Will Rhind, founder and CEO of GraniteShares, joins Adam Cox to talk about how ETFs (Exchange Traded Funds) and ETPs (Exchange Traded Products) can give investors opportunities for diversification, growth and protection against uncertainty – normally only accessible to sophisticated investors or hedge funds.
It’s one of the most important inventions of the 20th century. But unlike the phone, the car, computers and indoor plumbing, the weekend is still stuck in the 1930s. As productivity increased, the promise of shorter working hours always seemed just out of reach. But now, there’s a campaign to make the 4-day week a reality within our lifetimes. Obviously many people would love to work less. But what would it mean for the economy? And what would it take to make it a reality? Ayeisha Thomas-Smith is joined by Alfie Stirling, Head of Economics and Aidan Harper, Researcher at the New Economics Foundation.
What’s the best new or used electric car on the market, would buying your insurance on the day you need it drive up the price, and does London’s diesel-crunching ULEZ make sense? Those are the questions and more on this motoring special edition of the This is Money Podcast. On it, Georgie Frost and Simon Lambert are joined by deputy motoring editor Rob Hull to talk cars and money. First up, is our exclusive on how insurers are sneakily pushing up prices for those who buy cover close to when they need it - bad news if you want to choose and buy a car and then drive it away. The team also look at attempts to crack down on older petrol and diesel cars, such as London’s ULEZ. Simon argues that one of the key problems is not how good new electric cars are (albeit they are now pretty good) but the issue of buying second hand and the limited choice and consumer concerns. Meanwhile, Rob says that although a brand new electric car may be tempting to those committed to greener motoring, many buyers are likely to sit on their hands expecting a better choice of longer range vehicles to arrive soon.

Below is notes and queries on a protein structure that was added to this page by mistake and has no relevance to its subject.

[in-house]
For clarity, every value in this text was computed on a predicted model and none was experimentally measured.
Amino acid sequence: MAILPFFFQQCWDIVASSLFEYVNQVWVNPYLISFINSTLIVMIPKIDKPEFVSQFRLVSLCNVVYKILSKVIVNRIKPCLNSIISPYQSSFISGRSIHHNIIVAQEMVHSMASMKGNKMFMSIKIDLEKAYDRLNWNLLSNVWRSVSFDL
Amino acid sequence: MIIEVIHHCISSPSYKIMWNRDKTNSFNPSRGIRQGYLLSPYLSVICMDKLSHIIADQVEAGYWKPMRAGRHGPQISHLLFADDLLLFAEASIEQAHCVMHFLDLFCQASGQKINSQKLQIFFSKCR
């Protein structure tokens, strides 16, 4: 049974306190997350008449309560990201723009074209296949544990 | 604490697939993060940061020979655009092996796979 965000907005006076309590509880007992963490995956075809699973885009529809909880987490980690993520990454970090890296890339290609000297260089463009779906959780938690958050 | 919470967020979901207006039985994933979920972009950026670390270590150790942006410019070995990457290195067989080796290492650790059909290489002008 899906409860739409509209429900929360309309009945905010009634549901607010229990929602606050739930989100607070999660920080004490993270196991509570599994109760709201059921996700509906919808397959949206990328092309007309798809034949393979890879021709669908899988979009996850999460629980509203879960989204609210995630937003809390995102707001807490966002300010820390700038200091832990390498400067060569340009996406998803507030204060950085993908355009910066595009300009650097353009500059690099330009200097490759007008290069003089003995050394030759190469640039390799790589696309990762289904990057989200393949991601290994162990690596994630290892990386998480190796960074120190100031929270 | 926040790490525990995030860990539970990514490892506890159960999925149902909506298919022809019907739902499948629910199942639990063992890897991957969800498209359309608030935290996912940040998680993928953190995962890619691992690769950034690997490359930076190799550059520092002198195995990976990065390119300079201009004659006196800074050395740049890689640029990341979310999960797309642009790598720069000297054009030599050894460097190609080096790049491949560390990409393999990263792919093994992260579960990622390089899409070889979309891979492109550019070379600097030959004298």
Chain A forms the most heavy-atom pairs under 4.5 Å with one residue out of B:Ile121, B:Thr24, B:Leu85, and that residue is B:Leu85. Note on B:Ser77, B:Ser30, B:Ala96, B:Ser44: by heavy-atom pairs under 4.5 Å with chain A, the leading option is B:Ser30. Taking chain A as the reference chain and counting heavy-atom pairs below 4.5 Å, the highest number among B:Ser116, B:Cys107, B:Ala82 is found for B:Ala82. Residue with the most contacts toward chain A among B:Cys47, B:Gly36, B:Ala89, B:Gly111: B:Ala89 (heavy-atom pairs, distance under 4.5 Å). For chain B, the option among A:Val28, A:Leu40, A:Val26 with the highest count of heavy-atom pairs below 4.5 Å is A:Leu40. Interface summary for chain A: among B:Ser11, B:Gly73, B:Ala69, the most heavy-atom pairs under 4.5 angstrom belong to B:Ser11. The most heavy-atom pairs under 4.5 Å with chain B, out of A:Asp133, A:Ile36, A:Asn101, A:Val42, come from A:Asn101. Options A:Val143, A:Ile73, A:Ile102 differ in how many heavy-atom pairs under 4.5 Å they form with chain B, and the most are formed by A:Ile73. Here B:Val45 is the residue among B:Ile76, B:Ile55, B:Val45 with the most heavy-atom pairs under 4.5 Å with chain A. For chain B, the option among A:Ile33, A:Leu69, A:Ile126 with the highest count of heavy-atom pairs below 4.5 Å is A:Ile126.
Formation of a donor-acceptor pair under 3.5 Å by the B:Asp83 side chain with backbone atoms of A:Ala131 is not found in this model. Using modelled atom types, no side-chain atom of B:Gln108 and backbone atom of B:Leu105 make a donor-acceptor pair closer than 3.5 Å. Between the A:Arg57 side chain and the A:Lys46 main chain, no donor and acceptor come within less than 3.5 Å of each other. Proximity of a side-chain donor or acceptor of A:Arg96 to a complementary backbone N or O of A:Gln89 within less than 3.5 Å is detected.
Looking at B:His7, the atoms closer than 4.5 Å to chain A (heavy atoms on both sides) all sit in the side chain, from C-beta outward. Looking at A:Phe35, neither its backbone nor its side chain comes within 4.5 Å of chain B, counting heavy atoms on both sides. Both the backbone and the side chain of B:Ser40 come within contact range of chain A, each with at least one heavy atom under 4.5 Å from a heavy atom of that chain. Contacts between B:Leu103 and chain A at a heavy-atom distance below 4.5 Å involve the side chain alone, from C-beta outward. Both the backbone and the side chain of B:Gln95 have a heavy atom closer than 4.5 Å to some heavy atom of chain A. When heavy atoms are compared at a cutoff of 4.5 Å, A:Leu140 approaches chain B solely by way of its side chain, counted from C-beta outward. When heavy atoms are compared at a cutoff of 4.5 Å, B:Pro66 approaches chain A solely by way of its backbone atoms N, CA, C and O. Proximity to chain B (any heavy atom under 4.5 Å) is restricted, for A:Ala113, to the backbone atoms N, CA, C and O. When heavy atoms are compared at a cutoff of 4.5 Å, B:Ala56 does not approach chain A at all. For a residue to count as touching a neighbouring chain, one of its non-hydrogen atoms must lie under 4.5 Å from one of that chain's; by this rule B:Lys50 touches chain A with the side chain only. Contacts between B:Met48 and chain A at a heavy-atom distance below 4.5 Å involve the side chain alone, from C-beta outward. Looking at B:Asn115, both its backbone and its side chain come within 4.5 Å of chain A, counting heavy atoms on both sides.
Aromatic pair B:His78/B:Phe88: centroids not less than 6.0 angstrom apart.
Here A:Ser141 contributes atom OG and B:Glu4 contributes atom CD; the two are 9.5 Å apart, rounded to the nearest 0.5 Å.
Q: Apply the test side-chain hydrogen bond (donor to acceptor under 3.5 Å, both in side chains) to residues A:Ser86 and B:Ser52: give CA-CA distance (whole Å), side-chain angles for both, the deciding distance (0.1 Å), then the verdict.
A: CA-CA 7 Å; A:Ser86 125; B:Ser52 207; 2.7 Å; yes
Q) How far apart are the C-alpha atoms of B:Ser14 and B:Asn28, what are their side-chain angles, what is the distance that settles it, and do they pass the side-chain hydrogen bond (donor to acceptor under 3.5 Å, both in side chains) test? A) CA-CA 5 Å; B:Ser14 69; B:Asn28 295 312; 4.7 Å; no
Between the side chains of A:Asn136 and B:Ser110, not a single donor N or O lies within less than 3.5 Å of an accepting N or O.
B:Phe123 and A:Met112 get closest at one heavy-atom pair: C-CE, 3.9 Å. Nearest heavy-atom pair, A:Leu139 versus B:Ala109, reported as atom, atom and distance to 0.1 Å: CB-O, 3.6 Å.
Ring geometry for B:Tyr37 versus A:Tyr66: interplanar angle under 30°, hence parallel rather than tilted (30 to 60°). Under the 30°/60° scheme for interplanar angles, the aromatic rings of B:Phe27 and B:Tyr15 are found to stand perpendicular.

This is Money, with Georgie Frost, editor Simon Lambert and Assistant editor Lee Boyce. And in this episode: the clocks have gone back, winter is a coming…but are the burglars! So the team will give you the top tips on how to keep your home safe in the dark.
Also, they run through some of the consumer rights we get wrong and whether booking through a third party will affect credit card claims. Should you help your kids pay off their student loan or save for a house; and do you need a pension 'wake-up' call? Plus…we all love a good coin story but what about comic books?
What's the difference between loyalty and inertia? Do we get too little reward for the former and show too much of the latter when it comes to shopping and banking? That's the question Simon Lambert, Lee Boyce and host Georgie Frost tackle in the podcast this week. It comes as Tesco – one of the original loyalty scheme pioneers – revealed its new paid-for Clubcard Plus, costing £7.99 per month. Meanwhile, Nationwide Building Society has also announced it is scrapping its hugely popular loyalty savings accounts held by 1.6million people. Which are the firms and organisations the team feel some loyalty too - and what are the ones they stick with out of sheer laziness? And with another small energy firm going bust, should we in fact be staying 'loyal' to some of the established giants for peace of mind? Elsewhere, we look at a study comparing the costs of buying and renting a home claiming the former could leave you £350,000 better off: do we finally have conclusive evidence?